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dc.contributor.authorSerrat, Olivier
dc.date.accessioned2020-12-02T22:27:49Z
dc.date.available2020-12-02T22:27:49Z
dc.date.issued2008-10-01
dc.identifier.other2527583
dc.identifier.urihttps://hdl.handle.net/1813/87742
dc.description.abstract{Excerpt} Storytelling is the use of stories or narratives as a communication tool to value, share, and capitalize on the knowledge of individuals Storytelling has advantages over the communication techniques commonly used in organizations, be they electronic mail, reports, or formal speeches. First, it enables articulation of emotional aspects as well as factual content, allowing expression of tacit knowledge (that is always difficult to convey). Second, by providing the broader context in which knowledge arises, it increases the potential for meaningful knowledge-sharing. Third, by grounding facts in a narrative structure, it augments the likelihood that learning will take place and be passed on. Purposeful storytelling can deliver results that conventional, abstract modes of communications such as those mentioned earlier cannot. Anyone can use it and become better at using it to reach many rapidly.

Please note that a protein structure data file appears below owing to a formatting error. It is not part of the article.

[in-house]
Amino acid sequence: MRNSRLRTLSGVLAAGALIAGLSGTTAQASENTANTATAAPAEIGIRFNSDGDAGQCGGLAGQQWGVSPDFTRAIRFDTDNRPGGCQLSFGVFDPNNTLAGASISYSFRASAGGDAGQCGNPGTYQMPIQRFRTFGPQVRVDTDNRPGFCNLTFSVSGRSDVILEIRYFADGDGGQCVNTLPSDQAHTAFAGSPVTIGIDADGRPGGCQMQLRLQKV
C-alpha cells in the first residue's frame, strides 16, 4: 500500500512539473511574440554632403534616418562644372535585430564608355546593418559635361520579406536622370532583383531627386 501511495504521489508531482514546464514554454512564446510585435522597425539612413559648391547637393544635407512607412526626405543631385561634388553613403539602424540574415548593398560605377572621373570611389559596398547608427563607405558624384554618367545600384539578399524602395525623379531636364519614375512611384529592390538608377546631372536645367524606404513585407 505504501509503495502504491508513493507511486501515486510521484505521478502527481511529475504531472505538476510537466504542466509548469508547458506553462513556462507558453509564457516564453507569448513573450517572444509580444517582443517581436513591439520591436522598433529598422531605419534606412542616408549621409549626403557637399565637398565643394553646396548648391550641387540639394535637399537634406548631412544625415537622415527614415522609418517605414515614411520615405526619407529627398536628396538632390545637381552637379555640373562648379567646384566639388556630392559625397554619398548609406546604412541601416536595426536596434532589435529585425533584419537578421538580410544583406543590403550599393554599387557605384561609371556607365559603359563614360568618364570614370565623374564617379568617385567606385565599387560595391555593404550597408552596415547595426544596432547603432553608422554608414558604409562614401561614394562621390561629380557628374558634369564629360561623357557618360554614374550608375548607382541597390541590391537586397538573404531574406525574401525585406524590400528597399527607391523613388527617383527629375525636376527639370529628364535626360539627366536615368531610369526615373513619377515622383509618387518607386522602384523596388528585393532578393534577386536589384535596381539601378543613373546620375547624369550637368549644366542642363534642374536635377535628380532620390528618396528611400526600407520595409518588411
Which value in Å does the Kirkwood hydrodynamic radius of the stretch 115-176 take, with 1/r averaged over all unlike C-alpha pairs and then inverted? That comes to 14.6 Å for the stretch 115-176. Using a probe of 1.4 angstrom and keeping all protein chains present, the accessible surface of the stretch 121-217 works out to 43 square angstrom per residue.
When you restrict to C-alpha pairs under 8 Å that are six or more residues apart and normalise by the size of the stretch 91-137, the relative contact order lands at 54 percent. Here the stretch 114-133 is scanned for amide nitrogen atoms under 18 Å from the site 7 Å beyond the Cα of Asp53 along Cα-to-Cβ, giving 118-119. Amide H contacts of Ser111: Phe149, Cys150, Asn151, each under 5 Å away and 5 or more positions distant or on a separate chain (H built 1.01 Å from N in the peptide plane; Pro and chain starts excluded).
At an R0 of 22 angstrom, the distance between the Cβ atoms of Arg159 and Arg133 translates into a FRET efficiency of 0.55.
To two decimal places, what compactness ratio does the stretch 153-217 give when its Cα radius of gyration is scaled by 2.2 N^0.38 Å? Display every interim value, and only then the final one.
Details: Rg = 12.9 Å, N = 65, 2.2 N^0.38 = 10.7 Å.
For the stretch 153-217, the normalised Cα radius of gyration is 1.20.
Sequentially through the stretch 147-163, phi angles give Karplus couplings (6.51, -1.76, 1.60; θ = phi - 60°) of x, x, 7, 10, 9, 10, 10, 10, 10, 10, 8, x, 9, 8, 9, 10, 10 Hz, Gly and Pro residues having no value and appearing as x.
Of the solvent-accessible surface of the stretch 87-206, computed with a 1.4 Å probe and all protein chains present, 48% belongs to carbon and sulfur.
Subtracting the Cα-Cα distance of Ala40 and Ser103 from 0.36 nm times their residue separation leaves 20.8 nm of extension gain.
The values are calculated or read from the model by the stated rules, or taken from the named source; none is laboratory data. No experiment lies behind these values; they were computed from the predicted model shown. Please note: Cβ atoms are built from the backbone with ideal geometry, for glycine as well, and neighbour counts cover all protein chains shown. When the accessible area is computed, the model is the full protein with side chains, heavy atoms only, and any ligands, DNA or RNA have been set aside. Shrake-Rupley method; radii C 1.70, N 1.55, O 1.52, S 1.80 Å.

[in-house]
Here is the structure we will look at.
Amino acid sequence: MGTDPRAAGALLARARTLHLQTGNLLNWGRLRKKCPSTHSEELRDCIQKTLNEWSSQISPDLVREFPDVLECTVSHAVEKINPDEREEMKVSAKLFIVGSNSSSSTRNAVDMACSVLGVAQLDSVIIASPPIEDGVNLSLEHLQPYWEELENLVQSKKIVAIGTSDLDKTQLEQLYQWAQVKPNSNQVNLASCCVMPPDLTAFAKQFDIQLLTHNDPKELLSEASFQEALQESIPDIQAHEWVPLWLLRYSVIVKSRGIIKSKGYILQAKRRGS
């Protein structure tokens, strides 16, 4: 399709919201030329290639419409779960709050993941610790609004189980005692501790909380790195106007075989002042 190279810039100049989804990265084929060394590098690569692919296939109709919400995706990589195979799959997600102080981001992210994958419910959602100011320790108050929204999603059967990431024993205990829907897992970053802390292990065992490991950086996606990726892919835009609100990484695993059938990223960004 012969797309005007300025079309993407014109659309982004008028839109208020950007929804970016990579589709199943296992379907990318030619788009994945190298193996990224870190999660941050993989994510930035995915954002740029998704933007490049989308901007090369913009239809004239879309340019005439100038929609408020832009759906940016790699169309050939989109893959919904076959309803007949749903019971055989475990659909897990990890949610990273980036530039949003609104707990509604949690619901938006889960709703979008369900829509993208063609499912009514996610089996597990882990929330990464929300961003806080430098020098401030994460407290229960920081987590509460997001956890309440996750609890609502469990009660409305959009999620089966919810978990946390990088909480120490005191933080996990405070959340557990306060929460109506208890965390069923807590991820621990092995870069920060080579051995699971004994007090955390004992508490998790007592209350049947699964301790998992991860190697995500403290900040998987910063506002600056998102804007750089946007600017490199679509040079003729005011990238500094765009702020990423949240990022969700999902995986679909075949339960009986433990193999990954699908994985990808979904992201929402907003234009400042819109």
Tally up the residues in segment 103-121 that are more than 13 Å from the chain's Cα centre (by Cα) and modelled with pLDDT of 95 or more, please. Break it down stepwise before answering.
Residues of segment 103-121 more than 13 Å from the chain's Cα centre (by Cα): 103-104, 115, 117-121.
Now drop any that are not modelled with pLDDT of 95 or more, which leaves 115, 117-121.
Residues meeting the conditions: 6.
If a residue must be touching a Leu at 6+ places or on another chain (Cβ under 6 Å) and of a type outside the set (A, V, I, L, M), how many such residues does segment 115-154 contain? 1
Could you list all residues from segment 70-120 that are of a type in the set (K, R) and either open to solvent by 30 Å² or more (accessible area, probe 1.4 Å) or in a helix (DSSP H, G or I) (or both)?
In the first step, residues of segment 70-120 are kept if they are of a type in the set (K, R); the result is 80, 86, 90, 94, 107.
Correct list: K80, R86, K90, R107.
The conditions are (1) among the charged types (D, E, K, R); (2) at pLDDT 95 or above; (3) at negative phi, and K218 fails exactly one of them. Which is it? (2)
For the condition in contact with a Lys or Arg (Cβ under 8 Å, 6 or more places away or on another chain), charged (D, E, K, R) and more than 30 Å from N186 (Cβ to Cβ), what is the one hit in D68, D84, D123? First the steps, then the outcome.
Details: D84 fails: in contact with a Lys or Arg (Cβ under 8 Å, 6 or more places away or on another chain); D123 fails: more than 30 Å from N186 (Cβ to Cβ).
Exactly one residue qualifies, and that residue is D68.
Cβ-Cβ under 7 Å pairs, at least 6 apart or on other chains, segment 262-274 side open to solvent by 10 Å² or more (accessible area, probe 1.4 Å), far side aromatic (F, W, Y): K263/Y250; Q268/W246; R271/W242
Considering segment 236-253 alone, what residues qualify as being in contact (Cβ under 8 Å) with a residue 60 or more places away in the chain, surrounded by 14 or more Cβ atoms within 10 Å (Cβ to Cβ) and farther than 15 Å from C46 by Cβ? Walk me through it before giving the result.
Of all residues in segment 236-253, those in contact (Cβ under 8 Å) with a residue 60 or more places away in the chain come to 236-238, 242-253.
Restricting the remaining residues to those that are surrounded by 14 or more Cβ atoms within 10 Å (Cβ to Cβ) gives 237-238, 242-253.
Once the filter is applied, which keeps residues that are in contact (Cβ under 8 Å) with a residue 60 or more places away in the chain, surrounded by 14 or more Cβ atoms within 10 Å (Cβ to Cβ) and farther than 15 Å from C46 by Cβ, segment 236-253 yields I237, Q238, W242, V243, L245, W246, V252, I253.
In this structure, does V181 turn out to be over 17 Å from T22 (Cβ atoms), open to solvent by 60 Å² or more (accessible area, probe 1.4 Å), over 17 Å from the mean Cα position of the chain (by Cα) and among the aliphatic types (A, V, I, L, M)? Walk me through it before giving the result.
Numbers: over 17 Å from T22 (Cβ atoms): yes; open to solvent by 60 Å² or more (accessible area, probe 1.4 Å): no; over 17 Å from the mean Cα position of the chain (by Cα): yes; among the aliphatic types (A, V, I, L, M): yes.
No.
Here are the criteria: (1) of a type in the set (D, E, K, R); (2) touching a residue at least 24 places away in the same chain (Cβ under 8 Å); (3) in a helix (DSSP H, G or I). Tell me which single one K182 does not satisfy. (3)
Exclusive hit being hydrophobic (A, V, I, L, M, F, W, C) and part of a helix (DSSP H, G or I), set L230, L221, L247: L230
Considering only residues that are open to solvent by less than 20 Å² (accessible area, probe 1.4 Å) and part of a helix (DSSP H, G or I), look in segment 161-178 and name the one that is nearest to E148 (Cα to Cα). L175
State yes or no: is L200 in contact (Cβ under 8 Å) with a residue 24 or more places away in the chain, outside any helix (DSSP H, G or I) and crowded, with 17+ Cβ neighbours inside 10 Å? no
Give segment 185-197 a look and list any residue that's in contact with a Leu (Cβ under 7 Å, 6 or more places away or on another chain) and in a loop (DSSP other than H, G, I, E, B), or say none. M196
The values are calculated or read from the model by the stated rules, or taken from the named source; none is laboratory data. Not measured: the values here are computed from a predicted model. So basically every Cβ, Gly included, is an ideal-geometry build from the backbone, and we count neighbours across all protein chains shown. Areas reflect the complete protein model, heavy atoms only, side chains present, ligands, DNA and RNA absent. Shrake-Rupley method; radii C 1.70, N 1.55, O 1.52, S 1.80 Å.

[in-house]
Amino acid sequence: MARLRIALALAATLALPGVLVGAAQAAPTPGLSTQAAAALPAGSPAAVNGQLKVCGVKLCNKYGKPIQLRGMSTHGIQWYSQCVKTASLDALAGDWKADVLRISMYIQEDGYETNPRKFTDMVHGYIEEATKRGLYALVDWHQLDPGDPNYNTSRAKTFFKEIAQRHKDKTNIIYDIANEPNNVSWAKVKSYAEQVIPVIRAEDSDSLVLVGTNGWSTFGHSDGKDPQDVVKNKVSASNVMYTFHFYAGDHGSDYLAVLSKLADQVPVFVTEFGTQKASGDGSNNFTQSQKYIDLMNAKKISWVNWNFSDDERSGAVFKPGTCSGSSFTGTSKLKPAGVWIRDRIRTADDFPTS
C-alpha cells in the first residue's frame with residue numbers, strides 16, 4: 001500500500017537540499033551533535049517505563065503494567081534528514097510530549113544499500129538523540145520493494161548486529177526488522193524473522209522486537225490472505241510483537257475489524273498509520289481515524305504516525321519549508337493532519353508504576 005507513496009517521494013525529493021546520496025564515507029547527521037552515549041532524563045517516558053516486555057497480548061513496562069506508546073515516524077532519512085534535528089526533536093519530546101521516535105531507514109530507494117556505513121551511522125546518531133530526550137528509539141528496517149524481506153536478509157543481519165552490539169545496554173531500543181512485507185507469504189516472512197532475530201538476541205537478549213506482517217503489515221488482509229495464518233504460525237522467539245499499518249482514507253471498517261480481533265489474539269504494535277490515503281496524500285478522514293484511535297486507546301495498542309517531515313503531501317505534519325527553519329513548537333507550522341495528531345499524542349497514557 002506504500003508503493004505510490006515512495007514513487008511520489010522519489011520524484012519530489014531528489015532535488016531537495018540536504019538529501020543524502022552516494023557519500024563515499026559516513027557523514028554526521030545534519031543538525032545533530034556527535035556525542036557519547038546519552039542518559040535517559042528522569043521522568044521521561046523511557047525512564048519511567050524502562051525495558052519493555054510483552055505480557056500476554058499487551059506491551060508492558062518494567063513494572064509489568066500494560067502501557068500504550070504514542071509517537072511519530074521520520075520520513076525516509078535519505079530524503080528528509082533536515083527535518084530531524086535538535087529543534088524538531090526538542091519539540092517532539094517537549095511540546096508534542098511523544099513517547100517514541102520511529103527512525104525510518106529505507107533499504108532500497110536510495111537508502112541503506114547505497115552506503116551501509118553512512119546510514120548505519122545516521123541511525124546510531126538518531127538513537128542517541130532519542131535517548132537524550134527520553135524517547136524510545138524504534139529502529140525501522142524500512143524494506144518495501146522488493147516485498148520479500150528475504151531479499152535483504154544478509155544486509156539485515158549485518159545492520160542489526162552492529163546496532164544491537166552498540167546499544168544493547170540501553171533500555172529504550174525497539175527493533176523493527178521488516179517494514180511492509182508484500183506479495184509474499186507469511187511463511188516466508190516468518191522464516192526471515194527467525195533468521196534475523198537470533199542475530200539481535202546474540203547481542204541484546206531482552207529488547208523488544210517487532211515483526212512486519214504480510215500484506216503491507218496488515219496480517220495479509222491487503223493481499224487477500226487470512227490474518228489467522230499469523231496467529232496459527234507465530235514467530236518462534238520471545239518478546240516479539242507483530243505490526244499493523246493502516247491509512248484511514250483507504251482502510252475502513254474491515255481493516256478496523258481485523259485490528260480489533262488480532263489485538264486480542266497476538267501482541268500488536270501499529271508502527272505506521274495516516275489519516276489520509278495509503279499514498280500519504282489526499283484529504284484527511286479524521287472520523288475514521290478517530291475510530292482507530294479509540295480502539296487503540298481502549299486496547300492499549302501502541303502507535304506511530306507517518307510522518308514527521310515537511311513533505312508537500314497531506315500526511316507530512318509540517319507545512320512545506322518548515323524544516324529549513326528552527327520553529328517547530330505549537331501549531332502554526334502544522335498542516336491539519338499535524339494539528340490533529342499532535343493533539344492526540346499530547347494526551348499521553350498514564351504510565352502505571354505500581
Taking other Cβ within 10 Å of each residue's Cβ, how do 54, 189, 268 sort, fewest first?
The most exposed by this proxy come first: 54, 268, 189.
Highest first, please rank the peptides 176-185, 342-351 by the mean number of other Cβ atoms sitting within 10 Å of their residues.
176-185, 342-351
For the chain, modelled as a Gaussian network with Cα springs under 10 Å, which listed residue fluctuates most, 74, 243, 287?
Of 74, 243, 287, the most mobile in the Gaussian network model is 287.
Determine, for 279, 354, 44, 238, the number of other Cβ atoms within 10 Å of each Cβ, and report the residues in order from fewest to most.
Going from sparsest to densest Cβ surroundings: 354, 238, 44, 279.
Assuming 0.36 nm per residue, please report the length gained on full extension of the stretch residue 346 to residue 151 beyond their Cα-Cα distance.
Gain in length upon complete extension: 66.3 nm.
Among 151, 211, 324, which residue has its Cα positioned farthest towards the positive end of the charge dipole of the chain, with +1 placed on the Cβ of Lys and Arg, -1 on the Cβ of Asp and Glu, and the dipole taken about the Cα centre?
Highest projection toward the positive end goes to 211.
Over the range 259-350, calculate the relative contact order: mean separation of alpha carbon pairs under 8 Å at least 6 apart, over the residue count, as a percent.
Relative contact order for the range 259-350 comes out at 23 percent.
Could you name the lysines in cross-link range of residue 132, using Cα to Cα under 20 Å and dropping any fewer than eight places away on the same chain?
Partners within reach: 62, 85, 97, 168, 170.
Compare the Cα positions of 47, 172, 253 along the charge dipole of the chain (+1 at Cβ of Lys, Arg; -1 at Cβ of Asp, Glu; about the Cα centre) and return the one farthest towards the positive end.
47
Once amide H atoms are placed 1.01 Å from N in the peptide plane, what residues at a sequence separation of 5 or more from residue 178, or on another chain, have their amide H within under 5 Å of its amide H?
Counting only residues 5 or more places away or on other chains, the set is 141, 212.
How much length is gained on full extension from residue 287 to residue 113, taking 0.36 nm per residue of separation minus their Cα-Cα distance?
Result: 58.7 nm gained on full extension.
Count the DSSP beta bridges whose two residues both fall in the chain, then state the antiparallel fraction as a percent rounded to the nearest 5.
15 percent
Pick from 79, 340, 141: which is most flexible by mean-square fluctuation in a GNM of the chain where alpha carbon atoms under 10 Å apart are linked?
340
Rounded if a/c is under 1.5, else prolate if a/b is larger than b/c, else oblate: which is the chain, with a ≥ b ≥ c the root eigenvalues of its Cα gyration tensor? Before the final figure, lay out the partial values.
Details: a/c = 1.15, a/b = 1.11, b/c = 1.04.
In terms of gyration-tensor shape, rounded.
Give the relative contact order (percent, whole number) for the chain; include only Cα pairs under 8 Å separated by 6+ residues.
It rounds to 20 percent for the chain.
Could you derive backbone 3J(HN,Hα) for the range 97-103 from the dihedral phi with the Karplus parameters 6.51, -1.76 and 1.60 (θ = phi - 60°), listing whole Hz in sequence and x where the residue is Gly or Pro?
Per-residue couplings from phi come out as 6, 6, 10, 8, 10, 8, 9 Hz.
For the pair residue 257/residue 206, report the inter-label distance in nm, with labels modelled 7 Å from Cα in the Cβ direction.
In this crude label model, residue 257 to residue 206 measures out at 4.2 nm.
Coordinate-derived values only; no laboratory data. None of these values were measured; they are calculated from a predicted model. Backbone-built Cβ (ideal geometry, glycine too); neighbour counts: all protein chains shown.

dc.language.isoen_US
dc.rightsRequired Publisher Statement: This article was first published by the Asian Development Bank (www.adb.org).
dc.subjectAsian Development Bank
dc.subjectADB
dc.subjectpoverty
dc.subjecteconomic growth
dc.subjectsustainability
dc.subjectdevelopment
dc.titleStorytelling
dc.typearticle
dc.description.legacydownloadsStorytelling.pdf: 430 downloads, before Oct. 1, 2020.
local.authorAffiliationSerrat, Olivier: Asian Development Bank


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